Its all in the family
October 3, 2011

India has the highest concentration of them and China the lowest in Asia, no we aren’t talking of disease, corruption or illiteracy. With 67 percent of India’s business being family run enterprises and just 13 percent of Chinese businesses accounting as family run businesses, India has the highest concentration of family run businesses and China, whose enterprises are mostly state-run has the lowest.

In a survey conducted by Credit Suisse, Asian family businesses are becoming a pivotal pillar of economies in the region, with 261 percent cumulative return and sixfold growth in the last decade. Family-run businesses also outperformed the local benchmarks in seven out of the 10 regions, with strongest relative outperformance in China, Malaysia, Singapore, and South Korea, according to the report.

Representing 50 percent of all listed companies in the study of 3,568 publicly listed family businesses in 10 countries, family businesses are an important part of Asian economies. South Asia has a higher concentration of family businesses than North Asia, accounting for 65 percent and 37 percent of all businesses in the respective regions.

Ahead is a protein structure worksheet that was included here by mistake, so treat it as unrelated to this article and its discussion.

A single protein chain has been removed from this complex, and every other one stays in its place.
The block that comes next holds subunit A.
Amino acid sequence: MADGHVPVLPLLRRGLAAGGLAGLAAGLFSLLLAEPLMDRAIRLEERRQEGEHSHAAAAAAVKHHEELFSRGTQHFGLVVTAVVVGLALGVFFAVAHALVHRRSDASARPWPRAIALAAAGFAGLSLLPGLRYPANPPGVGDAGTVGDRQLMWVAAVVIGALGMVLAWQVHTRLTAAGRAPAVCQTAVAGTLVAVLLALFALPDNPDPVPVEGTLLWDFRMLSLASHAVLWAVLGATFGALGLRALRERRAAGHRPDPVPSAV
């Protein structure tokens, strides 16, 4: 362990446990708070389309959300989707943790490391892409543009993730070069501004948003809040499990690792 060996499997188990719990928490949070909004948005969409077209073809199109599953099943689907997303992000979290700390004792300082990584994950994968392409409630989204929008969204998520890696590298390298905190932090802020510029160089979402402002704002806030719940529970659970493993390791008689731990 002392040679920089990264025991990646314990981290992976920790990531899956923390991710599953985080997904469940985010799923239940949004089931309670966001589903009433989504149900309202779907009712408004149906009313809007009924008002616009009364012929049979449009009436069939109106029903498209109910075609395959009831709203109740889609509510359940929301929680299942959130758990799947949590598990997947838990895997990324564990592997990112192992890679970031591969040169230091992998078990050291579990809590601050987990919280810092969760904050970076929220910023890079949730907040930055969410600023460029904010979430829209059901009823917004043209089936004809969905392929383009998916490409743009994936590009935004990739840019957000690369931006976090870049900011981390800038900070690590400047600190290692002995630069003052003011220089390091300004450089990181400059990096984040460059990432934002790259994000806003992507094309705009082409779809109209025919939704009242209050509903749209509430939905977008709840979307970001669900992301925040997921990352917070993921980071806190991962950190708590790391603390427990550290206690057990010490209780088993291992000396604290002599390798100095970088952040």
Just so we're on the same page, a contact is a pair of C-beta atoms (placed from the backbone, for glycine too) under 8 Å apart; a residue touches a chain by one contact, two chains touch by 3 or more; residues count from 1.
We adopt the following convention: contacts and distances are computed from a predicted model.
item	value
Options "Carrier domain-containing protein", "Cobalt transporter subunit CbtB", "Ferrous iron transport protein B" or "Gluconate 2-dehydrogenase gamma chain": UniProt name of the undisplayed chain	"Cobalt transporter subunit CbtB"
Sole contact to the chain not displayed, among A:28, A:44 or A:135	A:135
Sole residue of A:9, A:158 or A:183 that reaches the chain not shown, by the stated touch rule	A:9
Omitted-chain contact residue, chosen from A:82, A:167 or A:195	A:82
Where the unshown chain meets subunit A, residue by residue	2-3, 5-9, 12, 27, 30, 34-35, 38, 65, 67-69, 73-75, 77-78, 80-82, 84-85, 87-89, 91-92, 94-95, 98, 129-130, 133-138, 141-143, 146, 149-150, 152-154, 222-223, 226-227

In terms of market capitalization, however, family businesses only account for 32 percent of the region’s total, with 49 percent in South Asia and 25 percent in North Asia. The market capitalizations of these businesses were equal to 50 percent and 27 percent of nominal GDP in South and North Asia respectively. Due to employment in Asia being driven by the public sector, however, family businesses only contribute to 0.7 percent and one percent to the total labor force in the regions.

Family businesses in general tend to be more prominent in traditional sectors, notably banks, real estate, industrials and consumer sectors. This comes as no surprise, given that family management has historically proven to be conservative in innovation and typically avoided high-risk new ventures. Only South Korea, Taiwan, and India had a higher concentration of technology-focussed businesses, due to the technologically driven structure of their economies.
Capital intensive industries such as telecom, energy, and utilities do not have a lot of family businesses either, as these industries are often state regulated and monopolized.



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